St Mary le Port developer looks to the past to shape future of city’s birthplace

February 4, 2021

Archaeological investigation work underway at St Mary le Port in Bristol city centre could shape the future development of the historic area.

Site development manager MEPC, which is planning to redevelop the high-profile but neglected area, said the dig – being staged in collaboration with Bristol City Council – will gather detailed information to inform plans to revitalise it. 

The work is the first physical activity on the site since US-based global investment manager Federated Hermes acquired its three main buildings – Bank House, Bank of England House and Norwich Union House – last October.

Shortly afterwards it announced plans to replace the buildings, two of which – Bank of England House and Norwich Union House – have been vacant for decades, with what called a “new memorable and distinctive place that reinstates lost streets and routes that existed before the Second World War”.

It also said the development would respect the historic context of Bristol’s Old City – the birthplace of the city – and encourage “new positive roles” for the remains of the St Mary le Port tower and nearby historic St Peter’s Church.

The move would plough £90m into Bristol’s economy, creating hundreds of jobs and restoring pride to a key area of the city, according to Federated Hermes, which appointed British property investment and development group MEPC as development manager on the project.

MEPC commercial director Roz Bird said: “Conducting this site investigation is a key piece of work, which will enable us to refine our exciting plans for the site.

“Due to the site having been heavily bombed in the War, then bulldozed and redeveloped in the Sixties, we are not expecting to find anything of major significance but with this being the birthplace of Bristol with so much history, it’s really important to understand as much as we can.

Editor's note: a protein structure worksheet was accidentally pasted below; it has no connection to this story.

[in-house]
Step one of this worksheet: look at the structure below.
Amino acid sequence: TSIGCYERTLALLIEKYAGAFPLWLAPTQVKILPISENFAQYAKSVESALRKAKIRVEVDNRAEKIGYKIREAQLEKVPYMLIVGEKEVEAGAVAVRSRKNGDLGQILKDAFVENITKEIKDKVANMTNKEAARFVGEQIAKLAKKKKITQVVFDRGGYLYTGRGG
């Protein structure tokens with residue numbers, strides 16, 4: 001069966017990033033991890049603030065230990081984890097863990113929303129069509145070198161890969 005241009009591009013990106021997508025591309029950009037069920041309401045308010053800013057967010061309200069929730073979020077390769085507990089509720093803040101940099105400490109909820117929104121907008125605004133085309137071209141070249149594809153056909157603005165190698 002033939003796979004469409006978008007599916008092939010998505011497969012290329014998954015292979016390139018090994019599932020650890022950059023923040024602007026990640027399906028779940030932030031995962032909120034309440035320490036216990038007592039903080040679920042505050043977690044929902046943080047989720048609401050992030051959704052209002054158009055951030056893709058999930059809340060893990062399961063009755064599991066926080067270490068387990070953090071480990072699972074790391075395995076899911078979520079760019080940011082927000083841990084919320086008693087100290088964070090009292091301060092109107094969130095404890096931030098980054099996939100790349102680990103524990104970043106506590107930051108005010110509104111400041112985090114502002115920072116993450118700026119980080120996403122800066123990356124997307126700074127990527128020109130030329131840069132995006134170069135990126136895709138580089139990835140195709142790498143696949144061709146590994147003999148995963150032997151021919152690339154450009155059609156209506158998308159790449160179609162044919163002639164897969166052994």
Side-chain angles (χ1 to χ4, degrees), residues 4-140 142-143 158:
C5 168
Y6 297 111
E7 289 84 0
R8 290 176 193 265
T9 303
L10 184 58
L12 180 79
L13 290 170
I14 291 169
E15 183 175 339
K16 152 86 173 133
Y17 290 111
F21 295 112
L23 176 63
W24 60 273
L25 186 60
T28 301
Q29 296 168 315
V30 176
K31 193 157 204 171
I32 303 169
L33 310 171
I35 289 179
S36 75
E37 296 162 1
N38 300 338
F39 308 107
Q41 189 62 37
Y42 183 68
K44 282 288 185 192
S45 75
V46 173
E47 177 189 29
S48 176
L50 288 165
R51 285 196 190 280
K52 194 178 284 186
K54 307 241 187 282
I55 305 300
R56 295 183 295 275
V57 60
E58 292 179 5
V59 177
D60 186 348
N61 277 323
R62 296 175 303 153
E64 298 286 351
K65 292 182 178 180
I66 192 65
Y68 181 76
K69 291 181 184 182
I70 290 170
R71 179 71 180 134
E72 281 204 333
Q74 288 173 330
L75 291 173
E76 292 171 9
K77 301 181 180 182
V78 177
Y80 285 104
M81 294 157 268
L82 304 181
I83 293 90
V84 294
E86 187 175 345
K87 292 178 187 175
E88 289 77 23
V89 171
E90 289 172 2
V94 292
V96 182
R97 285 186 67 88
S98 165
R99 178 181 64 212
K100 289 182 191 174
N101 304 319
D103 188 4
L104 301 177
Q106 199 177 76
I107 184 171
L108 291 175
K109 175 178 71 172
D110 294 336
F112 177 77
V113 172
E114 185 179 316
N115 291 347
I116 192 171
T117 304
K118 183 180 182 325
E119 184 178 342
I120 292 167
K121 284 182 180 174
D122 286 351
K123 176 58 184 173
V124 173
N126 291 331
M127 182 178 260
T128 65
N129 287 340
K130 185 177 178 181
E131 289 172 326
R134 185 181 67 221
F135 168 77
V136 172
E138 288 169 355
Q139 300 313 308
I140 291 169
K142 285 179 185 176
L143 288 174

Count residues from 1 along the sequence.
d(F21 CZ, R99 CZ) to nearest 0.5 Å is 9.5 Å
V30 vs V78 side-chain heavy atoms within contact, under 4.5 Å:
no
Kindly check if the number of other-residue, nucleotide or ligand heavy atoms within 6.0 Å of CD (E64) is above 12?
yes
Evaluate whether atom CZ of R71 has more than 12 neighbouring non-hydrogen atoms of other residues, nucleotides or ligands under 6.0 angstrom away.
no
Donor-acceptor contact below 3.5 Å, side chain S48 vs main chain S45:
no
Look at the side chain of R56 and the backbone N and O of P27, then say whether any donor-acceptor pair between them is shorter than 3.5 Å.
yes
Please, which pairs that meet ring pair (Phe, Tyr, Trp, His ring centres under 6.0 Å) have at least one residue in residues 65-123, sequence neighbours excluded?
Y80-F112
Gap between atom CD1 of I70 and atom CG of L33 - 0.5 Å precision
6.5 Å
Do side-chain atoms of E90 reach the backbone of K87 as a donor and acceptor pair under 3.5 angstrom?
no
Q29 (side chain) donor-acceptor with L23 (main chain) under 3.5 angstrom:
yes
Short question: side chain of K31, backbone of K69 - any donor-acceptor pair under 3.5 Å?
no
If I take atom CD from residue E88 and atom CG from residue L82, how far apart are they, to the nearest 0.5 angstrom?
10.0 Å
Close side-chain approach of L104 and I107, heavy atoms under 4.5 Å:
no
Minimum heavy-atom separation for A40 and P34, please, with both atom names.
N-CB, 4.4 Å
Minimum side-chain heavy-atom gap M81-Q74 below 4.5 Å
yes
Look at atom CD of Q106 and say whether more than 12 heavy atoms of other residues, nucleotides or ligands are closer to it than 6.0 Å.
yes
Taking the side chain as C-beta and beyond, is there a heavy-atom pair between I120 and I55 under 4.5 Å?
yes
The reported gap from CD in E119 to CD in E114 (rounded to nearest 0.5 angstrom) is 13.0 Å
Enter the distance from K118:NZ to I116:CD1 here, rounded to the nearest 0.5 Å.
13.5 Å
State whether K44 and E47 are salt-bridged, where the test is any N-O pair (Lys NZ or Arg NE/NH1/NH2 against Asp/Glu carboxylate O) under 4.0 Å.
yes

“Anything that is found will be made public and shared with the council’s planning and archaeology teams.

“Our design team is continuing to work in partnership with the council and local stakeholder groups to create a great new place in the heart of the city centre and we’re looking forward to sharing our plans with the wider community shortly.”

Wessex Archaeology senior archaeologist Cai Mason added: “This is a really exciting project to be involved in – firstly to see what remains of the medieval and later city might have survived the attentions of the Luftwaffe and post-war builders, and secondly to contribute towards bringing this long-neglected corner of our city back into productive use.”

The council’s City Centre Framework, which was approved by cabinet last July, identifies St Mary le Port as a key development site. It details how changing lifestyles and population growth in the area can be harnessed to make the heart of the city more sustainable, easier to get to and a more attractive place to live, work, shop and visit.

Federated Hermes says its scheme would recognise the sensitivities in and around the site, including the Scheduled Ancient Monument of the St Mary Le Port Church ruins and neighbouring Castle Park, which it said would be taken into account throughout the design, planning and consultation stages.

It is the latest of at least five schemes drawn up to redevelop the area since Castle Park opened in 1978.

Pittsburgh-headquartered Federated Hermes has $628.8bn (£459.8bn) in assets under management and clients spanning corporations, government entities, insurance companies, foundations and endowments, banks and broker/dealers.

It provides active investment management and engagement services to more than 11,000 institutions and intermediaries.

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